Capital One’s implementation of automatic contribution increases follows its introduction of auto-enrolment for all staff back in 2008.
This puts the firm well ahead of the game when it comes to preparing for the 2012 pension reforms, which will see the introduction of auto-enrolment, compulsory contributions and the national employment savings trust (Nest) for all employers.
Last year, Capital One also introduced a new fund to its pension scheme to increase the investment options available to staff, and encourage them to select more appropriate funds for their risk profile rather than simply relying on the default fund.
The new measures were communicated to staff using a financial education and communications campaign run in conjunction with provider Secondsight.
Jill Cunnison, HR operations manager at Capital One, says: “One of the clear objectives of our pension governance committee was that Capital One increased knowledge across our employee base and educated them [about pensions]. We started to plan out our campaign. We really wanted to run a multi-faceted campaign and we looked at lots of different ways of communicating with employees.”
The company’s employee representative body was drafted in to provide input on developing its communications strategy.
The communications campaign about its pensions changes were run alongside the annual enrolment period for Capital One’s flexible benefits scheme. This followed the workforce-wide distribution of benefits statements, outlining employees’ total reward packages, last August.
In addition, information about the GPP was posted on the intranet site, as well as communicated via email. Posters were placed around the firm’s offices, and information provided in the staff canteen.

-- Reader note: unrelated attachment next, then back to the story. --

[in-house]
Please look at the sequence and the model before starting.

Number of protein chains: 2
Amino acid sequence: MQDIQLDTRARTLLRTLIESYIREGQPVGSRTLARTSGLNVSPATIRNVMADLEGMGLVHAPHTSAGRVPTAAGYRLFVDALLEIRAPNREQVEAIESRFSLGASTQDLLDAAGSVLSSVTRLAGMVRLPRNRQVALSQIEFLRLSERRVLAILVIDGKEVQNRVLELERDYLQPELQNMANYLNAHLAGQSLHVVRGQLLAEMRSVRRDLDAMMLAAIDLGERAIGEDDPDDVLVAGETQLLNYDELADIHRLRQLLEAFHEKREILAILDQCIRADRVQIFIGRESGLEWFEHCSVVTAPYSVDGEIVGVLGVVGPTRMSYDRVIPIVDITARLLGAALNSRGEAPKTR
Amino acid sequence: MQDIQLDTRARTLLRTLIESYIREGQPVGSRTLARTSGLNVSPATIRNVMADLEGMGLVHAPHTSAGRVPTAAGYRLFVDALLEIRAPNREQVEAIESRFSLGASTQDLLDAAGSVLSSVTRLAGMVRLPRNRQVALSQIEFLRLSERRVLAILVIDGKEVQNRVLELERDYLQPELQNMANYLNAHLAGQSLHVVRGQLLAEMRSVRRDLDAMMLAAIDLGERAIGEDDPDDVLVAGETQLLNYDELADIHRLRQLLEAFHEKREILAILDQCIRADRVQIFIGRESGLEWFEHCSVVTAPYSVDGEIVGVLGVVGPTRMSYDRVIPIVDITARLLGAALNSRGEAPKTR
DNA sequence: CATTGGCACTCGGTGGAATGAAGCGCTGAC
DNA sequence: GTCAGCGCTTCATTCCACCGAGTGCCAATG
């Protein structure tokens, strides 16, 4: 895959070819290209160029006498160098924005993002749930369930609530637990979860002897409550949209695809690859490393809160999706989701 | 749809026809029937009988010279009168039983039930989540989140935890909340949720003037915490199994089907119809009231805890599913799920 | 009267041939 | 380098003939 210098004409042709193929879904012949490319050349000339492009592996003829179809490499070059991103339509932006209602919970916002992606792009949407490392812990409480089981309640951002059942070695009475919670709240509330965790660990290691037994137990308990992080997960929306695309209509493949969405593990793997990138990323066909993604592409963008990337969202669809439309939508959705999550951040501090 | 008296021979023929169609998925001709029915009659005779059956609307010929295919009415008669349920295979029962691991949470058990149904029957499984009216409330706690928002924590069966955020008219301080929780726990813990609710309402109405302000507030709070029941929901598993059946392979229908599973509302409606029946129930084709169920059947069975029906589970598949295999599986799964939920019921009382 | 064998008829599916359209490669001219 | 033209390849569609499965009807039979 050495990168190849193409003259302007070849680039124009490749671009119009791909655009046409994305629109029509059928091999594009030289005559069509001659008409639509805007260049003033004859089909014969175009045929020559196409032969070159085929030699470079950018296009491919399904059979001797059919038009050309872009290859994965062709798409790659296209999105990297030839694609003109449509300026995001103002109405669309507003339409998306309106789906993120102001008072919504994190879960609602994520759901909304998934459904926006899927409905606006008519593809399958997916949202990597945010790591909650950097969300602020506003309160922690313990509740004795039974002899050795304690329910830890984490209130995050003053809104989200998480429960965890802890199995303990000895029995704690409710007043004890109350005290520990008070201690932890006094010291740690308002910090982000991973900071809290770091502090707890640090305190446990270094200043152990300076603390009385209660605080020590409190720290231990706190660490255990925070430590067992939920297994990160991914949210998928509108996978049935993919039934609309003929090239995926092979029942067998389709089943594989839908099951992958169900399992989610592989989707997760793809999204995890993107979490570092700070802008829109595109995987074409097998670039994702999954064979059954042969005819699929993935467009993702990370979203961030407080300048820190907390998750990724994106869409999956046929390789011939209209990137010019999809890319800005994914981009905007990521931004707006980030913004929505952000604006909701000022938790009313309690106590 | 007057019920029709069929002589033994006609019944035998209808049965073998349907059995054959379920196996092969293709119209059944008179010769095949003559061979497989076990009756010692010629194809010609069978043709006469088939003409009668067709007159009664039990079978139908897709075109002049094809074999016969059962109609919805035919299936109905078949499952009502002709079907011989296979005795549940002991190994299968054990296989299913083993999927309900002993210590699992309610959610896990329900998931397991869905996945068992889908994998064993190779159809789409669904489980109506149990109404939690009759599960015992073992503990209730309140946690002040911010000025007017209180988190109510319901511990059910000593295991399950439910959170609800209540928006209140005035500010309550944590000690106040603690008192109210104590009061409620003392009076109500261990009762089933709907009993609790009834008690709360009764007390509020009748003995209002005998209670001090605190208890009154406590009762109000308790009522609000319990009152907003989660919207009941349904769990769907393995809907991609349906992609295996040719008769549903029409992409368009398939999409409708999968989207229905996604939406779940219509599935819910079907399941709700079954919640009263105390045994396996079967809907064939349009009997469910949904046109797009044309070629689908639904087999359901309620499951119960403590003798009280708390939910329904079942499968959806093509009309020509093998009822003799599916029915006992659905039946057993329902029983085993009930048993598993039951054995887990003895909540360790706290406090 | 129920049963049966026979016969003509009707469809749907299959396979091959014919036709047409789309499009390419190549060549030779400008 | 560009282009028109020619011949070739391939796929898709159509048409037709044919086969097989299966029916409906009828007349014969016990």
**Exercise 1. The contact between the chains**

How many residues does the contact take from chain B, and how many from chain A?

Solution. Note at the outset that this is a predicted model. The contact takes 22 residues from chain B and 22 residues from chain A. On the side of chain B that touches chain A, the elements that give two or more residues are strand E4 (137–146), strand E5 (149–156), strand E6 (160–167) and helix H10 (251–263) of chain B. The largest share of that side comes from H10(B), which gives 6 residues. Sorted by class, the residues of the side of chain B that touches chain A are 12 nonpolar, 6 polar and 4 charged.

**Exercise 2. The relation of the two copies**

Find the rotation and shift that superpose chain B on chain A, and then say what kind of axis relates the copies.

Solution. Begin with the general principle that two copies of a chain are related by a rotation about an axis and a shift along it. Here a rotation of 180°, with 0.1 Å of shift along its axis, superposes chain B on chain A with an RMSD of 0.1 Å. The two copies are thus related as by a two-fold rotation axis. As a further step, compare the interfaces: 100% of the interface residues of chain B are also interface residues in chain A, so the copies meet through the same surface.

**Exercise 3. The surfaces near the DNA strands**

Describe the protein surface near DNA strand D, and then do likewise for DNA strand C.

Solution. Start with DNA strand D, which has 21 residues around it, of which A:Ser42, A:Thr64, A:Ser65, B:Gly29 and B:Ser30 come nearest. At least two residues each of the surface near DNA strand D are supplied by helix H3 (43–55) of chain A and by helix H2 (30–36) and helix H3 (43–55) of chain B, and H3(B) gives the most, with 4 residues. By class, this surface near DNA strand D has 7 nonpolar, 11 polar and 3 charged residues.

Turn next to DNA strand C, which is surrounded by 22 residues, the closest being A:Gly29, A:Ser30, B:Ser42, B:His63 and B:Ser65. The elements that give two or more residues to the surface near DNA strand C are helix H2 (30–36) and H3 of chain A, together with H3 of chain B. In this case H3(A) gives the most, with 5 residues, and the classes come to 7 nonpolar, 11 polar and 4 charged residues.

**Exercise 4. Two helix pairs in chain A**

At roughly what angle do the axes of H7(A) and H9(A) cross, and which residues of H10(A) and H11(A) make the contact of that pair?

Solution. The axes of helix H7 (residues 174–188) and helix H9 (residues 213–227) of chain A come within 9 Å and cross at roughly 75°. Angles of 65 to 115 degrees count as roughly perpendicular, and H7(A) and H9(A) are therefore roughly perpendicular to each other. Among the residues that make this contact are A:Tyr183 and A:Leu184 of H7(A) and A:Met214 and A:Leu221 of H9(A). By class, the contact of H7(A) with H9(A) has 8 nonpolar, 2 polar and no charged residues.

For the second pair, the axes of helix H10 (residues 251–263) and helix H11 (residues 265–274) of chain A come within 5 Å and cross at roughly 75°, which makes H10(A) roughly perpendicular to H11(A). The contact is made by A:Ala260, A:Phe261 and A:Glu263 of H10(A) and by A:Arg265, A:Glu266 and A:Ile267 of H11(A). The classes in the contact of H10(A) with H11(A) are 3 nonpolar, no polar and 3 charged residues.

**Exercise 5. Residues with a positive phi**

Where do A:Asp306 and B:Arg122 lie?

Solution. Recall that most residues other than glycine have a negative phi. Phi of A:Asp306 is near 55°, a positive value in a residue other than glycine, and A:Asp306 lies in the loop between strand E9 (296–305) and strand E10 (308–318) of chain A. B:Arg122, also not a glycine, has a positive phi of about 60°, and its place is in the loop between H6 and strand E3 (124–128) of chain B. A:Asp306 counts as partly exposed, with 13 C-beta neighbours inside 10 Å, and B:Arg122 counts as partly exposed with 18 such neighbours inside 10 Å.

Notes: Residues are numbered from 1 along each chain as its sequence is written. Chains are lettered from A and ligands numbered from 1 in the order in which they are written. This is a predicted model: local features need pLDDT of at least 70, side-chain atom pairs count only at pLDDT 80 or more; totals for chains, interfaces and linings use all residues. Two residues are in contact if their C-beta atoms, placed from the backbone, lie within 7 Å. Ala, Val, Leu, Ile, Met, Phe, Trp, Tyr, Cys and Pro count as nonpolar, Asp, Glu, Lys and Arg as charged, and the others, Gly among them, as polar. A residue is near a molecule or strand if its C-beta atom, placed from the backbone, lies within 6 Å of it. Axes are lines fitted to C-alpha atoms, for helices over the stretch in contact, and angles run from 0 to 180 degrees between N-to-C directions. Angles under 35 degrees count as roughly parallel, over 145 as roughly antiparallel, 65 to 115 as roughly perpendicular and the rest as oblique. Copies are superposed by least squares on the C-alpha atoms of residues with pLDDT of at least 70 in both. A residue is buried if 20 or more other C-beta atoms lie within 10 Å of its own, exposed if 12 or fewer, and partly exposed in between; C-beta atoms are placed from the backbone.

“Automatically increasing employees’ personal contribution is something that is quite different,” says Brumwell. “We needed a very extensive communication plan around it so employees knew what they were doing. I am very happy to use inertia to increase things, as long as people know and have really thought about having the active option of opting out. That, to me, has to be the success.”
As part of the firm’s financial education event, which took place in November and December last year, all employees were given the opportunity to attend one of 20 on-site pension presentations held over a three-week period. Staff could also make an individual appointment with an independent financial adviser (IFA) if they wanted, which was fully funded by Capital One.
Working with pensions provider
The company also worked with its pensions provider, Fidelity, to increase the use of its online pensions and retirement planning tools. Staff were reissued with pin numbers to access the site, and encouraged to attend drop-in workshops held onsite by Fidelity.
Much of the communications campaign and financial education programme was funded by Capital One’s national insurance contribution (NIC) savings gained from staff opting to increase their pension contributions, which are paid via a salary sacrifice arrangement.